Every company wants user feedback – lots of it. They want the good, the bad and even the baffling. But how do they make sense of it all? In this guest post, Ally Howell explains how the team at PowerInbox incorporates user feedback into their product.
How to get the most from your users: let them take the wheel
Face it, the country would not have gotten very far without the results of the Industrial Revolution. A hundred and fifty years of innovation has lead to today’s extensive take on revolutionizing technology. The technology sector’s exponential growth patterns has landed it in entire dependence on the people its serving.
User testing and customer satisfaction is essential to proper and auspicious product development. In this day and age, maintaining a relationship with your users encourages sustainable customer loyalty and community expansion. Most successful companies operate on a straightforward, “no consumer, no product” mentality. They put their targeted demographic in the driver’s seat. Reality is, this quite possibly could be the only way to ensure that you deliver a product that is high in demand, and that has the potential to sustain ideal growth rates.
Let’s break it down now.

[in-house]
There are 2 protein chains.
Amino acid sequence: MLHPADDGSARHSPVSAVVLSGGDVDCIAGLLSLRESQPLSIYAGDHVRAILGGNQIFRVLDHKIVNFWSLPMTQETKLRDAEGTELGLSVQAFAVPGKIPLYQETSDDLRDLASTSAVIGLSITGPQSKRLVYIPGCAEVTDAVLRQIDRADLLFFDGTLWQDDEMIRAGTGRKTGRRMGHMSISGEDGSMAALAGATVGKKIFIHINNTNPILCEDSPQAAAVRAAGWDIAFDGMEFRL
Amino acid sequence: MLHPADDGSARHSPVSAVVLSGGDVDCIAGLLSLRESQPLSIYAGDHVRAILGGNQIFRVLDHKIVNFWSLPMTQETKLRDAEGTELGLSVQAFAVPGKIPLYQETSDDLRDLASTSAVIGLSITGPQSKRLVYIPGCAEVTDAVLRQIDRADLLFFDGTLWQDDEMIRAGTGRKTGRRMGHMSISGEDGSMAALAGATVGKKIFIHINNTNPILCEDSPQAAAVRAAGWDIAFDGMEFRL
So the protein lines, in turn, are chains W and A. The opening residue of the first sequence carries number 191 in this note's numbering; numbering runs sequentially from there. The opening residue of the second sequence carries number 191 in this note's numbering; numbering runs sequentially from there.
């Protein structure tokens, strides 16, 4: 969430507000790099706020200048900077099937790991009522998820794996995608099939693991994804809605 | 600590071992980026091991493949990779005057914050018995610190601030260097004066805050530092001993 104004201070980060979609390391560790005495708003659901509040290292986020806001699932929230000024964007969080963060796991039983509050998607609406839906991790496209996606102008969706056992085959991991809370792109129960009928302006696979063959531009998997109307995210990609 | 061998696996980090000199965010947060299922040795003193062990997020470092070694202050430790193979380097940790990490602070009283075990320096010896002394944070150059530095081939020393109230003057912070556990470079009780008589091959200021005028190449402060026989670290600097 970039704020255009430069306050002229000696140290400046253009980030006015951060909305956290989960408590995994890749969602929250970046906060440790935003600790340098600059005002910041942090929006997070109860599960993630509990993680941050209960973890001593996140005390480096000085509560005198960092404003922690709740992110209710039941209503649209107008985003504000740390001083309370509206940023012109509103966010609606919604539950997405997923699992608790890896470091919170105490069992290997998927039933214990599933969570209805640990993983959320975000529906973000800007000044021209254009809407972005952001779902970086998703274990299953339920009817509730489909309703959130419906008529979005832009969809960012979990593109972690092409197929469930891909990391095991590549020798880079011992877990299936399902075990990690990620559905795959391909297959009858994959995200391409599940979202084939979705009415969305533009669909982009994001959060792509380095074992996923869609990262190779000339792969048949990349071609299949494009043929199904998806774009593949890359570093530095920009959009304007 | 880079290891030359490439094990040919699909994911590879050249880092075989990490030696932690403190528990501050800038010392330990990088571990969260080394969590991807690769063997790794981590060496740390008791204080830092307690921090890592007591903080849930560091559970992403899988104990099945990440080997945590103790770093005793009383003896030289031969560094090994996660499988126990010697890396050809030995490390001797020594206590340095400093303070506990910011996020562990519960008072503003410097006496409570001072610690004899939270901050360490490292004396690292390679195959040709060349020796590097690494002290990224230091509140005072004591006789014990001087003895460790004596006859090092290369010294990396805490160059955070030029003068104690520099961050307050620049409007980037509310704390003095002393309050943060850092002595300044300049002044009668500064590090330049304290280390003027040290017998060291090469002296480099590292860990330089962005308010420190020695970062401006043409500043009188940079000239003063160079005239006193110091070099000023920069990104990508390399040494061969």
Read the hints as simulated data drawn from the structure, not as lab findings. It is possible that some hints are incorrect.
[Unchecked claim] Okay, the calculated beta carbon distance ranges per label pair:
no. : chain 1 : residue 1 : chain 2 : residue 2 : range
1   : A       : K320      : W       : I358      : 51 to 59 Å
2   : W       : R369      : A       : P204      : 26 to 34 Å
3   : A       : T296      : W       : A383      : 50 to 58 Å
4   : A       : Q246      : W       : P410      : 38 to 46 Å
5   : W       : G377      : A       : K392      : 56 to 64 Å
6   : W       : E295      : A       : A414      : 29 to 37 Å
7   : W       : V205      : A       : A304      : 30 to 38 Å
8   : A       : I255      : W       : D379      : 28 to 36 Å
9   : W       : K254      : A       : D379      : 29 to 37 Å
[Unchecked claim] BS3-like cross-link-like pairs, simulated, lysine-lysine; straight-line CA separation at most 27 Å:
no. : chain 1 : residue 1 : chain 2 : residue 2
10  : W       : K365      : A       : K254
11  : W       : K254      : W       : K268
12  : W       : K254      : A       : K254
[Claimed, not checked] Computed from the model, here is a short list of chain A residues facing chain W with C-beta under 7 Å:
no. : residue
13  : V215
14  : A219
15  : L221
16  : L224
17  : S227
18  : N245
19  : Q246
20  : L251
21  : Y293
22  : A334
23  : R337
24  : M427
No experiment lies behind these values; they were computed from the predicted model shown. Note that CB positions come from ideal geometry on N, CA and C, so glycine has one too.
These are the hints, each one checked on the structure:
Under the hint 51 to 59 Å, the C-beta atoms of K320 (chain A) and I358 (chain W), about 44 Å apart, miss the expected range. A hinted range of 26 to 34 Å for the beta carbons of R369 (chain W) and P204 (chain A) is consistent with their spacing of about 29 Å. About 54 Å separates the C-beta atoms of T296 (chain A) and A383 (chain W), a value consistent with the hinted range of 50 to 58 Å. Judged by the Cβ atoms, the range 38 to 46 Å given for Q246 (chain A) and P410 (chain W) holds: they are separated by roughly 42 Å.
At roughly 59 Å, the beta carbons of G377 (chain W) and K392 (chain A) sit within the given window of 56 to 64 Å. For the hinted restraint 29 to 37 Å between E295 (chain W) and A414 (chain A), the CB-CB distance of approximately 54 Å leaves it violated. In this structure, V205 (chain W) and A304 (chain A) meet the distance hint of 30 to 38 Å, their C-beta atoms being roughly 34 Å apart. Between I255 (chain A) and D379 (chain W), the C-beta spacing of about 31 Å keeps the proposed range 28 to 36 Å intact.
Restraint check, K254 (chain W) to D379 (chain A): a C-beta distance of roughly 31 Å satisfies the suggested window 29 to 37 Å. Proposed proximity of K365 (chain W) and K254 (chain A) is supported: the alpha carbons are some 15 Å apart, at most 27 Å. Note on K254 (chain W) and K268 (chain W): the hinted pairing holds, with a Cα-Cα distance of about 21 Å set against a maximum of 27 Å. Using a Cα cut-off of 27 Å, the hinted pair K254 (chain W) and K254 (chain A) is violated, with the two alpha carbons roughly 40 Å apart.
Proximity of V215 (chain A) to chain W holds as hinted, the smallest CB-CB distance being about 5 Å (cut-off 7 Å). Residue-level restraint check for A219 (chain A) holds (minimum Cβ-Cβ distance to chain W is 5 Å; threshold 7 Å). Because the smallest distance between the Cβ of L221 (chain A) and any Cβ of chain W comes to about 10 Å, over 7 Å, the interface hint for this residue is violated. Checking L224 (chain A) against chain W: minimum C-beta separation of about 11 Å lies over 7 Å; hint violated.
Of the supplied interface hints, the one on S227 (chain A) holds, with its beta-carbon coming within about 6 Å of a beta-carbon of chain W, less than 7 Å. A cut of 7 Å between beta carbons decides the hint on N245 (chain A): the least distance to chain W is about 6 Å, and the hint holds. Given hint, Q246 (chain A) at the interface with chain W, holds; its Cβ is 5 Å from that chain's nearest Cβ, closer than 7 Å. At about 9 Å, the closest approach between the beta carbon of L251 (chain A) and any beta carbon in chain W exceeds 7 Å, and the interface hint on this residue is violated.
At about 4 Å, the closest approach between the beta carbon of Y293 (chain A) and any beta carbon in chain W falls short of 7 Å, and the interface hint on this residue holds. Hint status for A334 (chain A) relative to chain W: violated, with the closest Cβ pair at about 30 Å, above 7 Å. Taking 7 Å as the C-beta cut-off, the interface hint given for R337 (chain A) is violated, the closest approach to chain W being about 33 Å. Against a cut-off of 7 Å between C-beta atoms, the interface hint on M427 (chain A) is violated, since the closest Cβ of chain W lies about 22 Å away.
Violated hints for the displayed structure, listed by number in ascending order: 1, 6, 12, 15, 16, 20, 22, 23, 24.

Step one: The more the better! Collect collect collect.
This is one of the most important steps, so at PowerInbox, we make sure we are reaching out to our users directly (in doing so, we personalize the outreach messages and avoid sending mass emails – this increases the influx of replies). In accordance, composing the right questions and following up once you receive the responses you’re looking for will drive innovation and improvement and acquire the strong relationships you’re looking for.
Getting it all started can be the toughest part, but the rewards are guaranteed to prove worth it. An additional benefit? This initiative fuels conversion rates through the power of personalization and recommendation. It demonstrates how valuable the customer role is to product growth. So, the advice here – reach out to a generous number of users, anticipate a response rate of roughly 50% and get as many emails out there so the feedback pool begins to accumulate a substantial amount of data to analyze.
Step two: Sift and toss
At this point, obtaining the feedback may seem like the easy part! Staying on top of the inbound questions, comments, and concerns can appear to be a daunting task, but as long as each user response is stored as it comes in, the advantages of obtaining thoughts and impressions are detected immediately. Not to mention how amazing it feels when periodic, positive feedback and encouraging notes begin to roll in! We’ve embraced this feedback tactic and recently heard some wonderful news from a dedicated user, Nihit, making the whole team smile: “Definitely! Its mind blowing. Just loved this development from you and your team.” Granted, there are going to be a lot of “interesting” responses on top of these, but more often than not, what users have to offer determine the product’s direction and success.